Notorious Baltimore criminal and underground figure Divine goes up against Connie & Raymond Marble, a sleazy married couple who make a passionate attempt to humiliate her and seize her tabloid-given title as "The Filthiest Person Alive".
A suburban housewife's world falls apart when her pornographer husband admits he's serially unfaithful to her, her daughter gets pregnant, and her son is suspected of being the foot-fetishist who's been breaking local women's feet.
The life and times of Baltimore film maker and midnight movie pioneer, John Waters. Intercut with a 1972 interview of Waters are clips from his first films and recent interviews with his ... See full summary »
A Baltimore sandwich shop employee becomes an overnight sensation when photographs he's taken of his weird family become the latest rage in the art world. The young man is called "Pecker" ... See full summary »
A day in the lives of a hit-and-run driver and her victim, and the bizarre things that happen to them before and after they collide (sexual assault by a crazed foot-fetishist, visions of ... See full summary »
The travelling sideshow 'Lady Divine's Cavalcade of Perversions' is actually a front for a group of psychotic kidnappers, with Lady Divine herself the most vicious and depraved of all - but... See full summary »
John Waters' first 16mm film, about a deranged nanny who kidnaps young girls and forces them to 'model themselves to death' in front of her boyfriend and their crazed friends. It was never ... See full summary »
Sleaze queen Divine lives in a caravan with her mad hippie son Crackers and her 250-pound mother Mama Edie, trying to rest quietly on their laurels as 'the filthiest people alive'. But competition is brewing in the form of Connie and Raymond Marble, who sell heroin to schoolchildren and kidnap and impregnate female hitchhikers, selling the babies to lesbian couples. Finally, they challenge Divine directly, and battle commences... Written by
Michael Brooke <firstname.lastname@example.org>
For Sadie, Katie, and Les- February 1972 (The Manson Family members Susan Atkins, Patricia Krenwinkel and Leslie Van Houten. February 1972 was the month when the California State Supreme Court abolished the death penalty in California (it was later reinstated), reducing the sentences of the convicted Manson Family members to life imprisonment.) See more »
It may be cheap and revolting, but it's got style.
I first saw Pink Flamingos in the mid 70's, back before VCRs. A college dorm had rented a print, and in a drunken state I've not achieved again this past quarter-century, I went to see it. Having finally seen it again only recently, this time sober, I'm here to tell you... it looks a hell of a lot better when you're drunk. Those who call it "great" or a "masterpiece" are plain wrong, they don't recognize what they are seeing. The camera work is a hair's breadth above home movies; the acting and story are... well, they are better than in porn flicks and even some straight-to-video movies, but, jeez, not by much. And then there is the primary purpose behind Pink Flamingos -- to make the most disgusting, revolting movie possible, perhaps even conceivable.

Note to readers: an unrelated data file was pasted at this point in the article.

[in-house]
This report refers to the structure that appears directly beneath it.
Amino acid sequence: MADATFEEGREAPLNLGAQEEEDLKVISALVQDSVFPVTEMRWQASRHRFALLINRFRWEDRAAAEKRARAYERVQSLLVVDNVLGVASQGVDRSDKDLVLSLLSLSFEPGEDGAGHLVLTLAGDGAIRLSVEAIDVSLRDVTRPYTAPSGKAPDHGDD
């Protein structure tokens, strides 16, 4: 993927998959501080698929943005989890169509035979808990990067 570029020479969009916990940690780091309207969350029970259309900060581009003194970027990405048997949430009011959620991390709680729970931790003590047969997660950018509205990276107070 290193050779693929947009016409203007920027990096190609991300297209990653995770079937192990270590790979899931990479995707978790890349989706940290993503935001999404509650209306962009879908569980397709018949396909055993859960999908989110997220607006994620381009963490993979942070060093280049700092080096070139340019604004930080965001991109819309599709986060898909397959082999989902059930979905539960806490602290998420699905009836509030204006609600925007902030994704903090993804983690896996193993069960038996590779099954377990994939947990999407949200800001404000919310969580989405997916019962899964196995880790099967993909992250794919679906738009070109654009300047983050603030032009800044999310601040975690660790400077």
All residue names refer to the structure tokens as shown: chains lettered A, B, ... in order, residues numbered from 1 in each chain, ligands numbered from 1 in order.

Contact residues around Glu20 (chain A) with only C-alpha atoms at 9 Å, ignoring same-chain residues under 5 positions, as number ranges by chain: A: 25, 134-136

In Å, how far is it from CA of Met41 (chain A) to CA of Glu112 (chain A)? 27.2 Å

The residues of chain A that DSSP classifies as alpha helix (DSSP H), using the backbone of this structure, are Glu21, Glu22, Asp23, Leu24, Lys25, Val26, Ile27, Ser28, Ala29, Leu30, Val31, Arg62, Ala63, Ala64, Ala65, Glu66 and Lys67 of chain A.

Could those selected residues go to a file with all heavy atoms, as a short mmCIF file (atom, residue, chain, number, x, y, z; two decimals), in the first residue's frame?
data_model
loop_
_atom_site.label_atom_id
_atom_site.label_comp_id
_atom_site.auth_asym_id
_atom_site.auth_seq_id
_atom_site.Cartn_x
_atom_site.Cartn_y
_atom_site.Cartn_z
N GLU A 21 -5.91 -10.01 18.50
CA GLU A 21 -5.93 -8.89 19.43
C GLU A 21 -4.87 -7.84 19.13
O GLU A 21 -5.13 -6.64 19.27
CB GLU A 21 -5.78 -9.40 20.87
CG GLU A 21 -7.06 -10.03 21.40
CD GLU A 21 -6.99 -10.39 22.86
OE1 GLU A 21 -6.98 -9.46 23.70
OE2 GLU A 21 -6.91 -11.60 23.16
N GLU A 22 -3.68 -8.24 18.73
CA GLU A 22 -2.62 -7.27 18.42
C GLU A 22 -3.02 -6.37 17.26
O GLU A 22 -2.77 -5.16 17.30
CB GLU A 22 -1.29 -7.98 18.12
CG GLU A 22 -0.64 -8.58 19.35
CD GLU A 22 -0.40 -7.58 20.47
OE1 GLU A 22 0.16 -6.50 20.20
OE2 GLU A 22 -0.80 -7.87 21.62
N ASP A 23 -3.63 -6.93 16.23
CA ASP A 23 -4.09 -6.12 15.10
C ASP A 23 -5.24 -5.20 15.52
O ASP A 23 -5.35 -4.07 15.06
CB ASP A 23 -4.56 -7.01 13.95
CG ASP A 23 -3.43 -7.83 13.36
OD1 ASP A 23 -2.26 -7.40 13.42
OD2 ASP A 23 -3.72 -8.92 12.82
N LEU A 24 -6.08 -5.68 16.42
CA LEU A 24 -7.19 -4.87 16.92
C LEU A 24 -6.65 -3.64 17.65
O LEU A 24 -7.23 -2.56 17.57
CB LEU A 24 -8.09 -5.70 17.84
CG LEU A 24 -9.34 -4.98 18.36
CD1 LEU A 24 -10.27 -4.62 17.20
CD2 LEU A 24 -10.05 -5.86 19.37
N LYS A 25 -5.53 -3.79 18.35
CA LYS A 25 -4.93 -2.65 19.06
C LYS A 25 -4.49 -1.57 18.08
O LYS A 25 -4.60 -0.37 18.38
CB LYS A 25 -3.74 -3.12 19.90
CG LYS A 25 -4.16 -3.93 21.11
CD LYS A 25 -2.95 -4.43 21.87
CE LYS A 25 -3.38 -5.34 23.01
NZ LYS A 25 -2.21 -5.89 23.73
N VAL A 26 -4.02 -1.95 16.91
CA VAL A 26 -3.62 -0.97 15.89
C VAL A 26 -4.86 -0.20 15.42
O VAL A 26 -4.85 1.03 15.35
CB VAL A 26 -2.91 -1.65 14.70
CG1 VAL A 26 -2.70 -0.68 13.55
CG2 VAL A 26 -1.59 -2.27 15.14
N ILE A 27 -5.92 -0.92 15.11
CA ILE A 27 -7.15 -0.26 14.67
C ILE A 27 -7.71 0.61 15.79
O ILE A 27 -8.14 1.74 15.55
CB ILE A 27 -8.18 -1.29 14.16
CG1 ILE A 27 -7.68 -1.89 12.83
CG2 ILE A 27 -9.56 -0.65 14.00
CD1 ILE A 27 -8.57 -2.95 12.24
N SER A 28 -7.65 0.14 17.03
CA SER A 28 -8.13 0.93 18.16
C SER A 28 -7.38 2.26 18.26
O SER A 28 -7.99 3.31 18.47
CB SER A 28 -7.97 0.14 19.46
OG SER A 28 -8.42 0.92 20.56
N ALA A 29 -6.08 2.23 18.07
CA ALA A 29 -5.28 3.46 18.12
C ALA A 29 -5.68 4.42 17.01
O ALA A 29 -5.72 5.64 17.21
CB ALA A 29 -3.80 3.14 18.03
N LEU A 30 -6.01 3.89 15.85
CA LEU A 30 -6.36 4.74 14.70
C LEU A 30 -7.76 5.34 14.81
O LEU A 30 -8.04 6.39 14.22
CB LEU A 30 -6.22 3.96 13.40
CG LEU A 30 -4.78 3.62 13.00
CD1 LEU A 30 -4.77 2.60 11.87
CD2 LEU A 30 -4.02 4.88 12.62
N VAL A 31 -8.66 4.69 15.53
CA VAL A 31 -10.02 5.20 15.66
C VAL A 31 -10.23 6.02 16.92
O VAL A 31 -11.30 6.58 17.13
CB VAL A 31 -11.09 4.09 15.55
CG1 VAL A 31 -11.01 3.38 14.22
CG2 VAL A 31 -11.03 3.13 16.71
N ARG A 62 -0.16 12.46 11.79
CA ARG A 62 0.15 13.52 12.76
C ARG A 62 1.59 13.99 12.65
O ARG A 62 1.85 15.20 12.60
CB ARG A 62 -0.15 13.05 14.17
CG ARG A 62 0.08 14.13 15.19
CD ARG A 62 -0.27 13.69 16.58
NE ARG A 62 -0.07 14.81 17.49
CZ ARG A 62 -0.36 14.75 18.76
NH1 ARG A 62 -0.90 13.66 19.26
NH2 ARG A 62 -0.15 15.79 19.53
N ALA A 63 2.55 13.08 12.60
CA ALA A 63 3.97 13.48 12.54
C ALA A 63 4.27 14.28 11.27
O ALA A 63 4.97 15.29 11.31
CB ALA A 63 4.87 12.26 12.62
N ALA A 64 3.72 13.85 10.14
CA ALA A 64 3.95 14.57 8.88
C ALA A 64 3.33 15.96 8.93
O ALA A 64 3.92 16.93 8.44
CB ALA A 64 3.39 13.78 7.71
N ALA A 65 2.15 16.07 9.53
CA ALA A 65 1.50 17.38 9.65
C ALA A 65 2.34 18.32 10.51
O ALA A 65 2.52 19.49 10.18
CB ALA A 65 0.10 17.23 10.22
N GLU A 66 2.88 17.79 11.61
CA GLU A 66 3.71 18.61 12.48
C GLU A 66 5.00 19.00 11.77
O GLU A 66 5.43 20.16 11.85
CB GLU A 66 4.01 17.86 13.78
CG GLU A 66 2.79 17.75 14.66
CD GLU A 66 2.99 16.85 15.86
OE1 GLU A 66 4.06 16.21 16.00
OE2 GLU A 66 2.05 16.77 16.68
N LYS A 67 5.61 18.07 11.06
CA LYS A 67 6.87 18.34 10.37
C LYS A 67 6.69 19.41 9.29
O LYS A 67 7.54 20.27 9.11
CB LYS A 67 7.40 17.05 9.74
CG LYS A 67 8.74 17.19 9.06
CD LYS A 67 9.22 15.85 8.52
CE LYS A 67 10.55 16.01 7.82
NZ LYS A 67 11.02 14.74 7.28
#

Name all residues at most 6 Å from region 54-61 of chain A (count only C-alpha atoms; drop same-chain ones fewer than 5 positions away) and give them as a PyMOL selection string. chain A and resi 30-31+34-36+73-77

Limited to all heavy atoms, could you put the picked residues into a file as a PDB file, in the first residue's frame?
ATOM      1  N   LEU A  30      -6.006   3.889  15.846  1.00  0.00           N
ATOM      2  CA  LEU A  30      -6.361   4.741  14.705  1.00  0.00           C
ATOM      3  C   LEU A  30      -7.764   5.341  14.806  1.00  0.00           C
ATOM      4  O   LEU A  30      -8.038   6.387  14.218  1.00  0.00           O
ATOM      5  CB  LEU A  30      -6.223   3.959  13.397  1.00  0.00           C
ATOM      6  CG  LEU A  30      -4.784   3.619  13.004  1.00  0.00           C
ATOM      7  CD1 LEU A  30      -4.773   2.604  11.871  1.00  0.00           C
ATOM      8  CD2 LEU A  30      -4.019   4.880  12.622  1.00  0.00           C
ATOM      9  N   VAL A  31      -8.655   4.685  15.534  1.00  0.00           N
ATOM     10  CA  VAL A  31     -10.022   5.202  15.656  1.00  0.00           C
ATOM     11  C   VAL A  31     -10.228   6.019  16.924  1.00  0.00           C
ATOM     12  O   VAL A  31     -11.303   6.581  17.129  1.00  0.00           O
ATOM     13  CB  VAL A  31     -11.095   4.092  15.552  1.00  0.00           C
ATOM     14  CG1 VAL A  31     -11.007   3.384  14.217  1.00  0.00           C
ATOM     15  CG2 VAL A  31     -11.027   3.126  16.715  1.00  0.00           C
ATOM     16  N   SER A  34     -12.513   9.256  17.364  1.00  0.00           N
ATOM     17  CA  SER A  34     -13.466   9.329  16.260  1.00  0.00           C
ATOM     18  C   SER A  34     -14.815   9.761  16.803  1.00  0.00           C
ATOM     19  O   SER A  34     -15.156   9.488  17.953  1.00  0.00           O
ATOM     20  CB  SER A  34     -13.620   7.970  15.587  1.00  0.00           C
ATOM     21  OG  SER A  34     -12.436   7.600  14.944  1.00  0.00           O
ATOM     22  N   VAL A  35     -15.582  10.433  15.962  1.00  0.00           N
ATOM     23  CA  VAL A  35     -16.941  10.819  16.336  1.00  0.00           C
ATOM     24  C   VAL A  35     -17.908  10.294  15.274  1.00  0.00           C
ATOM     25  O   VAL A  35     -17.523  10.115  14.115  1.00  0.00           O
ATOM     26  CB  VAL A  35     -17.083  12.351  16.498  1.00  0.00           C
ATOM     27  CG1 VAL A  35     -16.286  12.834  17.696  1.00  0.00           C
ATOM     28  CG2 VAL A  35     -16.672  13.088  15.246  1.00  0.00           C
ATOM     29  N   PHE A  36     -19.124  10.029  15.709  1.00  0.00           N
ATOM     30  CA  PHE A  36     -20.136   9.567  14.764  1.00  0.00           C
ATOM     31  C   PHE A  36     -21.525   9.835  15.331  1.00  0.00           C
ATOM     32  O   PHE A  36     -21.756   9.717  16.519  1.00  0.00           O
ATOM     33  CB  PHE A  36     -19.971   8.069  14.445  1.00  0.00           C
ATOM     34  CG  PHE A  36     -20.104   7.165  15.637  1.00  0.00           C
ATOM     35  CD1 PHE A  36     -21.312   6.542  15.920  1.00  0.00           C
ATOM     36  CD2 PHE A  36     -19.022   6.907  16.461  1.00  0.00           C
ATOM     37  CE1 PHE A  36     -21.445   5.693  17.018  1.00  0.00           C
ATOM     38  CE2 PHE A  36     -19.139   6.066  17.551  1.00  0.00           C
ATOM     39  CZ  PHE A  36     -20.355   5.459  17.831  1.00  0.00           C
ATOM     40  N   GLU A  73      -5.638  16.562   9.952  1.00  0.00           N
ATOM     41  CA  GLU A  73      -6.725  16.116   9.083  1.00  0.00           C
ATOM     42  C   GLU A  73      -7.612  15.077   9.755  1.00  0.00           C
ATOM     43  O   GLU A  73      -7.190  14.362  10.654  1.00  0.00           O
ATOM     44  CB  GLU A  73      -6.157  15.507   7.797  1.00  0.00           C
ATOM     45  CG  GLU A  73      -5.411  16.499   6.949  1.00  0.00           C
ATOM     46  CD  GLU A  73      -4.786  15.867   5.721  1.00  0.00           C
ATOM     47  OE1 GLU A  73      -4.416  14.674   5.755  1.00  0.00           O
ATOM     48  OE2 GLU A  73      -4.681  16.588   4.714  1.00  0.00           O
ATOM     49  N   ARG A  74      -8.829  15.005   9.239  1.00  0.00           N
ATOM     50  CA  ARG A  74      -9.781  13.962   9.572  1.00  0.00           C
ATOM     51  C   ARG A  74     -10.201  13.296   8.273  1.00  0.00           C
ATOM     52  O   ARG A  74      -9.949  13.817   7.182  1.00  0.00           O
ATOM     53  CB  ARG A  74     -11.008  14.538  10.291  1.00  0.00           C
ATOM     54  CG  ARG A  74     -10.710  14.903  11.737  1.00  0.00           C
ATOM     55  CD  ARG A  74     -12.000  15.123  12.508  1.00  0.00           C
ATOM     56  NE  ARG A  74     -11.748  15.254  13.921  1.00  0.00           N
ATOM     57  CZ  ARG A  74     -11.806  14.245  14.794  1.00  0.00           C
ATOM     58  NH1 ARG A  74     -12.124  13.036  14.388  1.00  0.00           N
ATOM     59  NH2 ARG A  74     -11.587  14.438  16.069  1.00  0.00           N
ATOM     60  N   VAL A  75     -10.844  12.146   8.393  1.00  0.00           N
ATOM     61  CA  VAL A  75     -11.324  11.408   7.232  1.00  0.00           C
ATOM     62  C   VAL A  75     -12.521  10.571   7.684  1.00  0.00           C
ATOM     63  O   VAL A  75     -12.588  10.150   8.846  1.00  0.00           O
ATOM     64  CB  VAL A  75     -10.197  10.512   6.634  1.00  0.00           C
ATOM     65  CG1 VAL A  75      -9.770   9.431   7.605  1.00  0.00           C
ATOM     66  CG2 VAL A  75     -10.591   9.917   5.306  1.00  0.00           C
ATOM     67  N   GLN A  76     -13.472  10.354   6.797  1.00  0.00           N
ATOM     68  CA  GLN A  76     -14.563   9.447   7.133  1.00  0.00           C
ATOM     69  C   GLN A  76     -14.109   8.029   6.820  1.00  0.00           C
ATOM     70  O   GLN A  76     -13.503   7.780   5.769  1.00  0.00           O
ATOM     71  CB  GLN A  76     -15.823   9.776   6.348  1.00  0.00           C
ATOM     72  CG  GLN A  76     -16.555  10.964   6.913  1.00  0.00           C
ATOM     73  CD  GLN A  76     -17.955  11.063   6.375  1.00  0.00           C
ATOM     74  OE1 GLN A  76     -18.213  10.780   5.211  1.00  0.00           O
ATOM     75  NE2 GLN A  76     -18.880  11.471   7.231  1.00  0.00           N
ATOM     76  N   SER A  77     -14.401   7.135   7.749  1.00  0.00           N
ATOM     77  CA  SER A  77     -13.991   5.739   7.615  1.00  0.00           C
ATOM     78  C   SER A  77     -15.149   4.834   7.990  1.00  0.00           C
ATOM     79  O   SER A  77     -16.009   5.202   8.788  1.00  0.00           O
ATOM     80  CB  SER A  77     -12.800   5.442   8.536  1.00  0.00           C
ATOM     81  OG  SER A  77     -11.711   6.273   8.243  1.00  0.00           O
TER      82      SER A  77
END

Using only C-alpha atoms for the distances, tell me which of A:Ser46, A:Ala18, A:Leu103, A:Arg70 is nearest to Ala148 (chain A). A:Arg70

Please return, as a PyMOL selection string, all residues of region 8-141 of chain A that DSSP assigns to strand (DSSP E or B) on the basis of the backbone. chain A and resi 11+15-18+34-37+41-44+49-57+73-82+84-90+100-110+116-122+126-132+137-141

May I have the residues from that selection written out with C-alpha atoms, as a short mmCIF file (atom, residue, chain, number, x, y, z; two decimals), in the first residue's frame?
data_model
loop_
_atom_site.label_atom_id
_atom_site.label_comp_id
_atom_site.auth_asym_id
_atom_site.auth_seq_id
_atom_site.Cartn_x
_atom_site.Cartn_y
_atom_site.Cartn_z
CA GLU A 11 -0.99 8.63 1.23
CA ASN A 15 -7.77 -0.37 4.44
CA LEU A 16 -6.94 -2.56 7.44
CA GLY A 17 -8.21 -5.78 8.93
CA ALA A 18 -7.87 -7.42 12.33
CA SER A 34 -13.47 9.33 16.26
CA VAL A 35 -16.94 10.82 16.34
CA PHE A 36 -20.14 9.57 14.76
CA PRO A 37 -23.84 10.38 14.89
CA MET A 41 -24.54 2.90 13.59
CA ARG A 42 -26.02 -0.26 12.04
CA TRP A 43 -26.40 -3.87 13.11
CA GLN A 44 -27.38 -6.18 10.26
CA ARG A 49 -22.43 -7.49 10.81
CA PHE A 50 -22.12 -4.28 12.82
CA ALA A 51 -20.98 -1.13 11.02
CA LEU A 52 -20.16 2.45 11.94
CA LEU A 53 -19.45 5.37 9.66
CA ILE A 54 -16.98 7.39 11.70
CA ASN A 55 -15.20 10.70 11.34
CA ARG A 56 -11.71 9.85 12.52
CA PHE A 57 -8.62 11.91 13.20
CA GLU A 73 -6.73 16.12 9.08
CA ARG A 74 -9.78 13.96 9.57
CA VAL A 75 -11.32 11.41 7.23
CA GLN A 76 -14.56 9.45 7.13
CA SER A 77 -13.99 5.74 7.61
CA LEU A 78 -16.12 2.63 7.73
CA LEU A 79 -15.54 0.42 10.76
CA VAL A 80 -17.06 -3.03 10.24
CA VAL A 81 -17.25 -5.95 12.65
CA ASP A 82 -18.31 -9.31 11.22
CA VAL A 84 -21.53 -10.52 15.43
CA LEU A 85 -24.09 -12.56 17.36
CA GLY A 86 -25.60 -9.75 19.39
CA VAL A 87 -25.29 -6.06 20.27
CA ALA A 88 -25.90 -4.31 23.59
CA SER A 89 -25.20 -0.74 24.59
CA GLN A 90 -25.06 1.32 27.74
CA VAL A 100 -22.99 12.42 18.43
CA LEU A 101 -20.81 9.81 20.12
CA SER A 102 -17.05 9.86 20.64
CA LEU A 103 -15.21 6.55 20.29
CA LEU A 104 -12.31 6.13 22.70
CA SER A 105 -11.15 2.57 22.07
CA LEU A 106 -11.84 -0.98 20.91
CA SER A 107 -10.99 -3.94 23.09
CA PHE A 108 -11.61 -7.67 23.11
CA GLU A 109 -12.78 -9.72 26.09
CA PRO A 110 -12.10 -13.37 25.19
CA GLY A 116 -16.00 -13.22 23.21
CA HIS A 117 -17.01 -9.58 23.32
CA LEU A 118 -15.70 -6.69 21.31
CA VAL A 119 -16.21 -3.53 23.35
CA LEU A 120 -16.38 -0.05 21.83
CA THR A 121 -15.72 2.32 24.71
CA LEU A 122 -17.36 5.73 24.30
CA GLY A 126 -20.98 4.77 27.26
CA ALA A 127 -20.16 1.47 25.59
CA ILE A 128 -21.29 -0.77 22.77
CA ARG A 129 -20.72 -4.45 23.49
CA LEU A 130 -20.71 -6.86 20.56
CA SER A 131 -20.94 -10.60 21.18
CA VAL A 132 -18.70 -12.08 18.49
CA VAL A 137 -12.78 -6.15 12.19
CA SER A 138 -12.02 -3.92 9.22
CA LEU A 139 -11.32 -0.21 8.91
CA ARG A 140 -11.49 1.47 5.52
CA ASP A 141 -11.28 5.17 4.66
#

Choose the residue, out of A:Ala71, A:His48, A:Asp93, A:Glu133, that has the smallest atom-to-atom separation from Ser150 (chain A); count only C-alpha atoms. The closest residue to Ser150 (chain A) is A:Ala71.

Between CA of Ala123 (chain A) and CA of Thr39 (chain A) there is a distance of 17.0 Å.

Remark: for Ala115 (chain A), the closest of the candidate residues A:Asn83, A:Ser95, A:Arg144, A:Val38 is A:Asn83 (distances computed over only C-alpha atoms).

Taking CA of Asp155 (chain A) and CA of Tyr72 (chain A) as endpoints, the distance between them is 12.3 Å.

But... BUT... Pink Flamingos is distinctive. Even if you - yes YOU out there - the reader, wanted to make the most disgusting movie in the world and even if you had the money and the skills that John Waters lacked in 1972, you couldn't make a film as good as he did. Yes, GOOD! You couldn't because, first of all, I doubt you have the same quality of acquaintances that Waters had and put into into his early movies. And it's not just a matter of WHAT they will do, but HOW they do it. Waters' actors had a style, no matter how bizarre, that is rarer than most depravities. Could YOU recognize the virtues of, let alone even find, someone like Edith Massey? I doubt it. Which leads to the second point.
Pink Flamingos has panache! It has a free-wheeling sense of daring-do that borders on innocent fun. So, although the movie is so disgusting that I wish it had never been made, it is not a squalid film. And I don't think YOU, the reader, or anyone other than Waters could have pulled that off. It doesn't make Pink Flamingos a masterpiece. It does make it unlike any other film.
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